Long-Term Results of Shoulder SurgeryAnterior (forward) shoulder dislocation is often treated surgically. Over the years there have been many different ways to do this. This study is a report of results from a modified Bristow procedure used on 52 shoulders. The patients were midshipmen at the U.S. Naval Academy who had surgery sometime between 1975 to 1979.
The Bristow procedure is an open operation designed to stabilize the shoulder joint. The tip of the coracoid process is cut off and moved to the front of the shoulder. The coracoid process is a piece of bone that comes from the shoulder blade forward toward the front of the shoulder. Using it this way makes a bony block to reinforce the shoulder socket.
The authors describe the operation in detail. Results were measured based on symptoms, motion, function, and sense of well-being. Patients were asked questions about their shoulders. For example did the operation make a difference in their military, sports, or career choices? Are they satisfied with the results years later?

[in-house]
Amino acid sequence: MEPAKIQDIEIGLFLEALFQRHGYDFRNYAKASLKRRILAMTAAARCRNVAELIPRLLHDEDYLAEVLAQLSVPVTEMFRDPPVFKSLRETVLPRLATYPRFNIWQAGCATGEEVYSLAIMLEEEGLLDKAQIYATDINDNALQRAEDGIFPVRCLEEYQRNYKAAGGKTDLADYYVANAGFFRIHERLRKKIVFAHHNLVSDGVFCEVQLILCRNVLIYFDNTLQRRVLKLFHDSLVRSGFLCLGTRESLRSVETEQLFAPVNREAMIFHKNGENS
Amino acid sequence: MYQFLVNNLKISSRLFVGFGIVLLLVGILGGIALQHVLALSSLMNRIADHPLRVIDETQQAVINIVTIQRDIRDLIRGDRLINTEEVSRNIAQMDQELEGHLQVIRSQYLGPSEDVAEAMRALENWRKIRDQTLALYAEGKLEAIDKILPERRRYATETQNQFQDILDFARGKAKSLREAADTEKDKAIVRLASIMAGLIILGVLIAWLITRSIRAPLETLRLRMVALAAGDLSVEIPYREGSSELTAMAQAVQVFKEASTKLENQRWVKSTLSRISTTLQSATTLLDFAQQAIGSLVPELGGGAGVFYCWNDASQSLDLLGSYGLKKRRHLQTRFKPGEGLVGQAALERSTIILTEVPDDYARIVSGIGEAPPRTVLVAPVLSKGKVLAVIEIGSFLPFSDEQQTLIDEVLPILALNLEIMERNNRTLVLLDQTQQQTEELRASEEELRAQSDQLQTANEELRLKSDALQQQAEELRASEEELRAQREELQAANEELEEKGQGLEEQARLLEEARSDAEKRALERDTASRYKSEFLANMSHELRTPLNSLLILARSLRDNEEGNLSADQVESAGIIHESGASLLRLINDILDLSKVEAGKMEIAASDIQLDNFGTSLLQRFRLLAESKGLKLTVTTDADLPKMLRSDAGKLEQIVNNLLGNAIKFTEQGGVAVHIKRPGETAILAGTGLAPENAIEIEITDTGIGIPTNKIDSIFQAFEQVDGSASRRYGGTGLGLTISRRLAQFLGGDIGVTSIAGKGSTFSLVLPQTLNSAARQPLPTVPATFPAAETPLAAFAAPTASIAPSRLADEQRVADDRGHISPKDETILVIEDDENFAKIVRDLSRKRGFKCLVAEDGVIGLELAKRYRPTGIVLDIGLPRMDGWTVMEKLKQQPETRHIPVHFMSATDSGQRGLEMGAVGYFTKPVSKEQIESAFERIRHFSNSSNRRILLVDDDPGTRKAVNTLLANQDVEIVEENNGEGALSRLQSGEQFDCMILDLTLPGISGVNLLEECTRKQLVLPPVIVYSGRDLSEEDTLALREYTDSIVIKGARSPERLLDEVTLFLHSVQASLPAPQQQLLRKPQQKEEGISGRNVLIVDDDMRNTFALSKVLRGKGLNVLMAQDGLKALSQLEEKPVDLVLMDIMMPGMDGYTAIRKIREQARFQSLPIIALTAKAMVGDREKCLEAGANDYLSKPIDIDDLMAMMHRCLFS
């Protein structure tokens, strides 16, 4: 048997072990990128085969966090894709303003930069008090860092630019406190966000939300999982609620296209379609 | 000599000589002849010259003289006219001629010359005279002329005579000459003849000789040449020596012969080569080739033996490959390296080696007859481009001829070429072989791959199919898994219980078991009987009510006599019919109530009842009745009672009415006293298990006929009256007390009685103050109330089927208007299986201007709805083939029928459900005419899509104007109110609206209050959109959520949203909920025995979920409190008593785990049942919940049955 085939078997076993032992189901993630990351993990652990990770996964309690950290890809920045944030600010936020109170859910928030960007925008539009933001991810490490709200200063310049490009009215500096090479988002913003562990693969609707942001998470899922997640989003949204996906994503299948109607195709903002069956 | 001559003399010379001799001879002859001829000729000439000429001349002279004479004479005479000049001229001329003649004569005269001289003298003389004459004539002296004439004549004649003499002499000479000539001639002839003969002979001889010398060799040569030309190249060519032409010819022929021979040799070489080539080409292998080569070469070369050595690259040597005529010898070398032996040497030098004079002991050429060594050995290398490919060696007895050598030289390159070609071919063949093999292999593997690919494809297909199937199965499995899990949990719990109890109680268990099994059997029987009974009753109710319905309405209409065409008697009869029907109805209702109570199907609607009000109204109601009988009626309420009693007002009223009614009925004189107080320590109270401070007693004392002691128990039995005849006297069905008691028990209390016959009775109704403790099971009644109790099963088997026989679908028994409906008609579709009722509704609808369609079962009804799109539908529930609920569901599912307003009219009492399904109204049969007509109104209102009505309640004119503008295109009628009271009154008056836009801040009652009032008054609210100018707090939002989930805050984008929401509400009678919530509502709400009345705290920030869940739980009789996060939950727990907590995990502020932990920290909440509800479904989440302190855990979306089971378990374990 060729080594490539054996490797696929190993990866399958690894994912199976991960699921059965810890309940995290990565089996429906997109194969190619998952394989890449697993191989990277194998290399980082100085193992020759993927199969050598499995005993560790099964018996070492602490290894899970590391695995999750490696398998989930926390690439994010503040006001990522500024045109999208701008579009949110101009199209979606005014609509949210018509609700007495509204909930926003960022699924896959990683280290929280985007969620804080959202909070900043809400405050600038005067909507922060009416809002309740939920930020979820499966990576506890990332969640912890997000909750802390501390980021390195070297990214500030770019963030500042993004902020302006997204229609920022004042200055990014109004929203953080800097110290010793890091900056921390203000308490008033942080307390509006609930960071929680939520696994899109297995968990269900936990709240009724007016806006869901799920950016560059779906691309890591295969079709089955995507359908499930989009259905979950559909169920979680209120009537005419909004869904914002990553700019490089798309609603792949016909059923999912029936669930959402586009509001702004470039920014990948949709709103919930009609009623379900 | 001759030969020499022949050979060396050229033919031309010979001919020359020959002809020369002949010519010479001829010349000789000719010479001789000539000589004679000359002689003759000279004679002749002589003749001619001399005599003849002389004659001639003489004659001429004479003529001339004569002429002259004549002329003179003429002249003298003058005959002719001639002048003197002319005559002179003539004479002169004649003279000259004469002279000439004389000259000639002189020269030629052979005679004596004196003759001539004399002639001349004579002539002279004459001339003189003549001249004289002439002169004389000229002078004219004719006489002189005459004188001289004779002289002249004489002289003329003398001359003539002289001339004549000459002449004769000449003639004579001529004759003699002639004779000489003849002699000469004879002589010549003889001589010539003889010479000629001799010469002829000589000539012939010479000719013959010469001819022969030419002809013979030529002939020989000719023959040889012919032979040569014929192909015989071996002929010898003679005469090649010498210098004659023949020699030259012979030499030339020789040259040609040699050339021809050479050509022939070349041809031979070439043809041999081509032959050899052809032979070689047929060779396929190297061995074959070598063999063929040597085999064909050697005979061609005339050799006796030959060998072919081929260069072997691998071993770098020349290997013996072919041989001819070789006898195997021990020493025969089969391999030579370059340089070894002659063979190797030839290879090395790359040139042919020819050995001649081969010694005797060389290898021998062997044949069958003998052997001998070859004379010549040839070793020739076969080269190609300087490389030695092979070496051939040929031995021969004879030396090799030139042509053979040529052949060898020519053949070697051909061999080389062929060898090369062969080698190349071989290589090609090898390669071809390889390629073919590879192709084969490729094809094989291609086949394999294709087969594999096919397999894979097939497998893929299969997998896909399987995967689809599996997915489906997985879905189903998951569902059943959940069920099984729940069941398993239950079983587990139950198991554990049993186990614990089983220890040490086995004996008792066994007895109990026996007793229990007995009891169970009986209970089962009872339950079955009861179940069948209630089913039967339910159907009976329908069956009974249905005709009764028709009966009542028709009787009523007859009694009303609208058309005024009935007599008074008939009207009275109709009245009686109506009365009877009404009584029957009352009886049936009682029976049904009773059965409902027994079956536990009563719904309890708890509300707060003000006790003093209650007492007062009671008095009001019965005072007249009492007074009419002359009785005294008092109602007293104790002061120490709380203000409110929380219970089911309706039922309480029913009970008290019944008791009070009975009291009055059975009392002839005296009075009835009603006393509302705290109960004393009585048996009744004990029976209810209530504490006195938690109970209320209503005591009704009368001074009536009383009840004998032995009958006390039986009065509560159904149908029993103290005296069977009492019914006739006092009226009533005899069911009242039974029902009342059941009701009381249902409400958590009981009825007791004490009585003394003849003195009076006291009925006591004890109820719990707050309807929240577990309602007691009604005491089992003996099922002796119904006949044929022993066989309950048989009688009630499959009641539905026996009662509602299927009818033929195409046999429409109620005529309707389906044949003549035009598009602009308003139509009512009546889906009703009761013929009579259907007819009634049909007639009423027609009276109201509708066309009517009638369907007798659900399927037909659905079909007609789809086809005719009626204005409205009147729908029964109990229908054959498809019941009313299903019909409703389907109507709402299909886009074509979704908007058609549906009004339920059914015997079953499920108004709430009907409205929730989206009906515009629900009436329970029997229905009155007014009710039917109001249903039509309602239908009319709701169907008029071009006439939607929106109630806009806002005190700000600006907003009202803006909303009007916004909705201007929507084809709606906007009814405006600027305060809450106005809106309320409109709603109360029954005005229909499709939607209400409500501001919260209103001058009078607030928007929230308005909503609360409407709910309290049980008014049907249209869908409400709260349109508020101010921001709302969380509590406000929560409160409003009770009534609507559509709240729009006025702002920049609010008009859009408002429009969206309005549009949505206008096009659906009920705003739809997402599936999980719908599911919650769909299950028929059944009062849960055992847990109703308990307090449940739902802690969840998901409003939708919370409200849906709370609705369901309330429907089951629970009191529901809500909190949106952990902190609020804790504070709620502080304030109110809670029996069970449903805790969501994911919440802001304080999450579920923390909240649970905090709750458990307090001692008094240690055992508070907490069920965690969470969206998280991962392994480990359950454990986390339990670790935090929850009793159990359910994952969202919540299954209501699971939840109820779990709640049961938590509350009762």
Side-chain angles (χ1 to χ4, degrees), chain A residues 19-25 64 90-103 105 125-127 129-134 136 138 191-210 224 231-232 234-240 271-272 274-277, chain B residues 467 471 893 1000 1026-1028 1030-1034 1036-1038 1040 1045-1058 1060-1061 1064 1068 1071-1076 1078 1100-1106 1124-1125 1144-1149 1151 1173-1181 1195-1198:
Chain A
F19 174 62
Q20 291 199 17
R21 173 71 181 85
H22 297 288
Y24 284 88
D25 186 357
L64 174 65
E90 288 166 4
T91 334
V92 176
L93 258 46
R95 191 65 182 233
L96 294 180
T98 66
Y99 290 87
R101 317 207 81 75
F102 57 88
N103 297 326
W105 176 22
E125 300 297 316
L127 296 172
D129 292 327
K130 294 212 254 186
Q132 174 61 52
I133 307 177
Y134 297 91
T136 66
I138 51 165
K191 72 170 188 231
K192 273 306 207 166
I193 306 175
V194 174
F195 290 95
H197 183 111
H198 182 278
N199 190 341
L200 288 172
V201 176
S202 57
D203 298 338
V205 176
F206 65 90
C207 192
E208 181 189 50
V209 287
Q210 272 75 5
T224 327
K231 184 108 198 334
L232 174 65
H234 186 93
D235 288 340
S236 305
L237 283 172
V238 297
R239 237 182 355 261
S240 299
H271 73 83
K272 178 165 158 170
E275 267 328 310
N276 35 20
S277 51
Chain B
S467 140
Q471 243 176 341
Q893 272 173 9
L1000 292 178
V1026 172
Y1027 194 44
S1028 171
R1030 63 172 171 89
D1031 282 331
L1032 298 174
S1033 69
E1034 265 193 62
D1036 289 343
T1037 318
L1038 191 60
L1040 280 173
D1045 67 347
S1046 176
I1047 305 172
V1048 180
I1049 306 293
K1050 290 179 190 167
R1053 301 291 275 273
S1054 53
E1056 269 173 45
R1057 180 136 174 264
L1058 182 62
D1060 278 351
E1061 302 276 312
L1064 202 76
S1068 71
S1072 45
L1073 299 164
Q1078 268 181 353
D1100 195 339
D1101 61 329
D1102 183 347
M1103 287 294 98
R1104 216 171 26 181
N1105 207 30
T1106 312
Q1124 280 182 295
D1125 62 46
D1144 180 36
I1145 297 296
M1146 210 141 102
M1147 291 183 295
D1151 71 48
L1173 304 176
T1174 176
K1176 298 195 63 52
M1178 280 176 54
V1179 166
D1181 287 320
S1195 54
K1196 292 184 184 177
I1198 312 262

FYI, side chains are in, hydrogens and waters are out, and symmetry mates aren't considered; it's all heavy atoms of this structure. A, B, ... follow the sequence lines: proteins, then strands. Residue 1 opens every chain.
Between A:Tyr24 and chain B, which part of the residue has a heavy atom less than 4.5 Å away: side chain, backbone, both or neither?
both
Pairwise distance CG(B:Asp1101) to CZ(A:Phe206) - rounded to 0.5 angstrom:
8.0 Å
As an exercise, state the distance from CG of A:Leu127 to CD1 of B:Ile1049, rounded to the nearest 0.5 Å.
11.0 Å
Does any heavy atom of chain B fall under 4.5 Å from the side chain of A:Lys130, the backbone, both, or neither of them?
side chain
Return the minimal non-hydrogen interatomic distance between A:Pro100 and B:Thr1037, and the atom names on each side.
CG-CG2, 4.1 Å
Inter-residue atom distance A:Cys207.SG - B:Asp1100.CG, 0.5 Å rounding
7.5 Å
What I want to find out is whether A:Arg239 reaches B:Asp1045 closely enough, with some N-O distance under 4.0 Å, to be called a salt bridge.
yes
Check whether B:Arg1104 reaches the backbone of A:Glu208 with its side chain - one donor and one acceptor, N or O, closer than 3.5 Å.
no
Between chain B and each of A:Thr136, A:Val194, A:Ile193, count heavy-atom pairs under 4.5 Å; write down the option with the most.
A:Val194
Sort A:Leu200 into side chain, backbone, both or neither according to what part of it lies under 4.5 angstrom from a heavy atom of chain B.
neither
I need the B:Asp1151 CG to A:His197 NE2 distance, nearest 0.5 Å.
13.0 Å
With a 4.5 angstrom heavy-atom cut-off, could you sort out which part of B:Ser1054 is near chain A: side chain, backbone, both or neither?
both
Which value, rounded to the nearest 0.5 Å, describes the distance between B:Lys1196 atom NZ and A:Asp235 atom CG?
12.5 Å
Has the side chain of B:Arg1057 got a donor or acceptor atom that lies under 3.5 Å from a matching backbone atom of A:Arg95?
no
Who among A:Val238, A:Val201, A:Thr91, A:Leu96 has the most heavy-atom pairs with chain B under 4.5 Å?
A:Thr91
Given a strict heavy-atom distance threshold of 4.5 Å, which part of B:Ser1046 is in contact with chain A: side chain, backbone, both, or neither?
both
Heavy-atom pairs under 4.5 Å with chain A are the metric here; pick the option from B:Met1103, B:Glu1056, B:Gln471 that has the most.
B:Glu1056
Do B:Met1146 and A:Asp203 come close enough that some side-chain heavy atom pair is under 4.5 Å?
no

Using a modified Bristow procedure for shoulder instability was successful for all patients in the short-term. Everyone graduated from the Academy and passed the physical fitness test needed to get into the Navy or Marine Corps. Stability was excellent in 85 percent of the patients tested or interviewed 20 or more years later.
There are newer and improved surgeries available now for shoulder instability. But the authors say some cases still warrant the use of this modified Bristow procedure. The excellent and good results reported in 70 percent of the patients at the end show the long-term benefit of this operation.
LCDR David T. Schroder, MD, MC USNR, et al. The Modified Bristow Procedure for Anterior Shoulder Instability. In The American Journal of Sports Medicine. May 2006. Vol. 34. No. 5. Pp. 778-786.
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